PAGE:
Artists are the economic revitalizers of depleted communities. They transform them with visionary skill. With rising rents in NYC and the boroughs, many creative’s have been making their way up to the country and we benefit.
In Dover Plains this month two NY curators, recent art grads, pair seventeen emerging artists in a wide ranging sculptural survey that highlights a re-imagining of our old barns and farms. Amanda Brown andStephanie Del Carpio have placed a diversity of artworks at the 5 Harts Road venue just south of Dover Plains off of route 22. “We are interested in creating exhibition opportunities for younger or emerging artists through the use of underused spaces,” said Del Carpio.
This is their third curatorial collaboration. Last year’s show was in Bangall, NY in the old Bangall Whaler, a building that dates back to 1832 that had been vacant for several years. The owner, fearful of successive historic buildings in the neighborhood being demolished, invited the two curators to use his space. Del Carpio and Brown visited the Wassaic Project, another re-imagined farm space for inspiration. They invited and asked for nominations from artists. As a result, the ArtBangall merged 38 artists in the empty building and was so successful in transforming the interior that members of the community have come forth with interest in using the space.
Entering the old hay barn of 5 Harts Road, undulating ceramic forms by Rebecca Manson rest on faux cardboard pedestals and a model of an enlarged hipbone dangles with two bullets from the corridor ceiling by JonathanDurham, both sculptures hinting at mortal fragility. A pair of mysteriously abstract paintings by llana Savdie grace a small section of lime washed wall facing a melted wax mechanical construct of Justin Cloud. In an animal stall with remnants of hay still squeezed between boards, Noa Ginzberg’s mixed media yarn shrine has suspended peepholes to playfully enhance the perception of light. Upstairs are whimsical light sculptures by Angela Alba, and a wintry video projected upon an explosion of large canvas fragments by Michelle O’Connell. Anne Wu has fabricated two life-sized architectural replicas of city stoops facing each other with embedded cultural references and between the rafters of the cavernous barn, perhaps in the cleverest response to the building, hangs fringe and ribbons, echoing the slivers of light and pattern, by Carolin Wood.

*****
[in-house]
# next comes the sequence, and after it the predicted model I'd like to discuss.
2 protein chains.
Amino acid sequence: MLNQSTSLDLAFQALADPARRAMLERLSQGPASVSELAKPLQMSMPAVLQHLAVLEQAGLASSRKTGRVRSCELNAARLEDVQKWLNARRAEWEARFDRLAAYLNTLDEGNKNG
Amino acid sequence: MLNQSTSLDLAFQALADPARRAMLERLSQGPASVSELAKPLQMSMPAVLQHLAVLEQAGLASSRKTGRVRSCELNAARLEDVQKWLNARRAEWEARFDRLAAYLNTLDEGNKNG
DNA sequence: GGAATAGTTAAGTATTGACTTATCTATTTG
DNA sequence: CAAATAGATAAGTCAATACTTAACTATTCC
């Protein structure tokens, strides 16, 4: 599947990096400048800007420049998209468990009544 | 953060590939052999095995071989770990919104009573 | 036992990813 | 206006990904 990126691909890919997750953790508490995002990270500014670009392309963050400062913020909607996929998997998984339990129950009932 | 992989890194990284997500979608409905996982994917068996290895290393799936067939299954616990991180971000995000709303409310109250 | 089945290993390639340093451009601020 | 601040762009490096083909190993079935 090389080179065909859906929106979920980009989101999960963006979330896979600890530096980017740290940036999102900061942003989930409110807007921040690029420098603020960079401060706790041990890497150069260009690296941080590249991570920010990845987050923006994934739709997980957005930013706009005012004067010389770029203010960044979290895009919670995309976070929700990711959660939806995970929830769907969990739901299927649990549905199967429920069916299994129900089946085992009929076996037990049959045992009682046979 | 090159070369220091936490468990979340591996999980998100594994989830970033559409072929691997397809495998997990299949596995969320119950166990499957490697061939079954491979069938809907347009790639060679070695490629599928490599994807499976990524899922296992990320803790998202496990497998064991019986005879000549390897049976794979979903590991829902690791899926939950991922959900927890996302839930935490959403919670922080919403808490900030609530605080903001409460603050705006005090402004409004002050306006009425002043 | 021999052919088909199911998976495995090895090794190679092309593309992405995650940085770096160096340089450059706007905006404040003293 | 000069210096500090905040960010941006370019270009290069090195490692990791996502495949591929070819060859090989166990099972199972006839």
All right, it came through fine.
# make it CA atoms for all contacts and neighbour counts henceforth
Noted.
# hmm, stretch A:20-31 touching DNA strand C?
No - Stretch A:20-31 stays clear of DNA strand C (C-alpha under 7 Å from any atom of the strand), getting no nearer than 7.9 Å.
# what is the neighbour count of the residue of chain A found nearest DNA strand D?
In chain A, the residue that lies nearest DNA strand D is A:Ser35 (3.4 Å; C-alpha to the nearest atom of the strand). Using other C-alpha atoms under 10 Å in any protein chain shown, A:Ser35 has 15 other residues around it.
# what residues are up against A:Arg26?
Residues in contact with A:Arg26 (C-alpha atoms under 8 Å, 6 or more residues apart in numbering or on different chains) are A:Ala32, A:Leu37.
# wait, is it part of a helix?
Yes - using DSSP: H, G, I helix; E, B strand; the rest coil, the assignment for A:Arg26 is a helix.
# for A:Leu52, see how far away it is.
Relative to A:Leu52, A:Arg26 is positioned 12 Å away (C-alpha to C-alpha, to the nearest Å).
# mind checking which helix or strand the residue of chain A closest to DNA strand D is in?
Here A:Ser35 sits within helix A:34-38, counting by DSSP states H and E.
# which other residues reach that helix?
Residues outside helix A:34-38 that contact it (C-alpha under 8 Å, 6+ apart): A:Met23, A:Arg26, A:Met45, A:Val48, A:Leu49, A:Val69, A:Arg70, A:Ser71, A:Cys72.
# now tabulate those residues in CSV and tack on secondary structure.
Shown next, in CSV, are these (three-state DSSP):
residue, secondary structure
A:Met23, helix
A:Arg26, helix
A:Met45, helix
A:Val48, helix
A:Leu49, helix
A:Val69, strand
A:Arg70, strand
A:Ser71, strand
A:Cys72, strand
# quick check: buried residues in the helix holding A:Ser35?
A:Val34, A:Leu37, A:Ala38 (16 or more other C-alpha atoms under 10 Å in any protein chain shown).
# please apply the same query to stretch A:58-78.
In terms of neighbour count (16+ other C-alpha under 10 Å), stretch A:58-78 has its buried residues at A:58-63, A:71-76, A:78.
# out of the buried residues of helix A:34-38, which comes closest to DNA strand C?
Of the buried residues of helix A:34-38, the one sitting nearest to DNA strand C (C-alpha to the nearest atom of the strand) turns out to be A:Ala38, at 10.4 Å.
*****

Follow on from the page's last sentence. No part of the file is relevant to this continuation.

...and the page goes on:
There is plenty to see and the curators are hoping visitors find an array of work that can reference the body or shed new light on synthetic manufacturing. There are no labels or excess of literature to help you out. This is not the Whitney Biennial. It is a re-imagining of space in the context of art.
Open and free on weekends. The closing event on August 10th will include a performance within a work by of EleniGiannopoulou, whose tenuously built and slowly collapsing tent speaks of migration issues .
In addition to the hay barn installation, 5 Harts Road has interesting grounds to wander, including a school bus turned retro-lounge, a giant fire pit, and a possible pop up antique sale on the closing weekend. For more information check out surveysurvey.art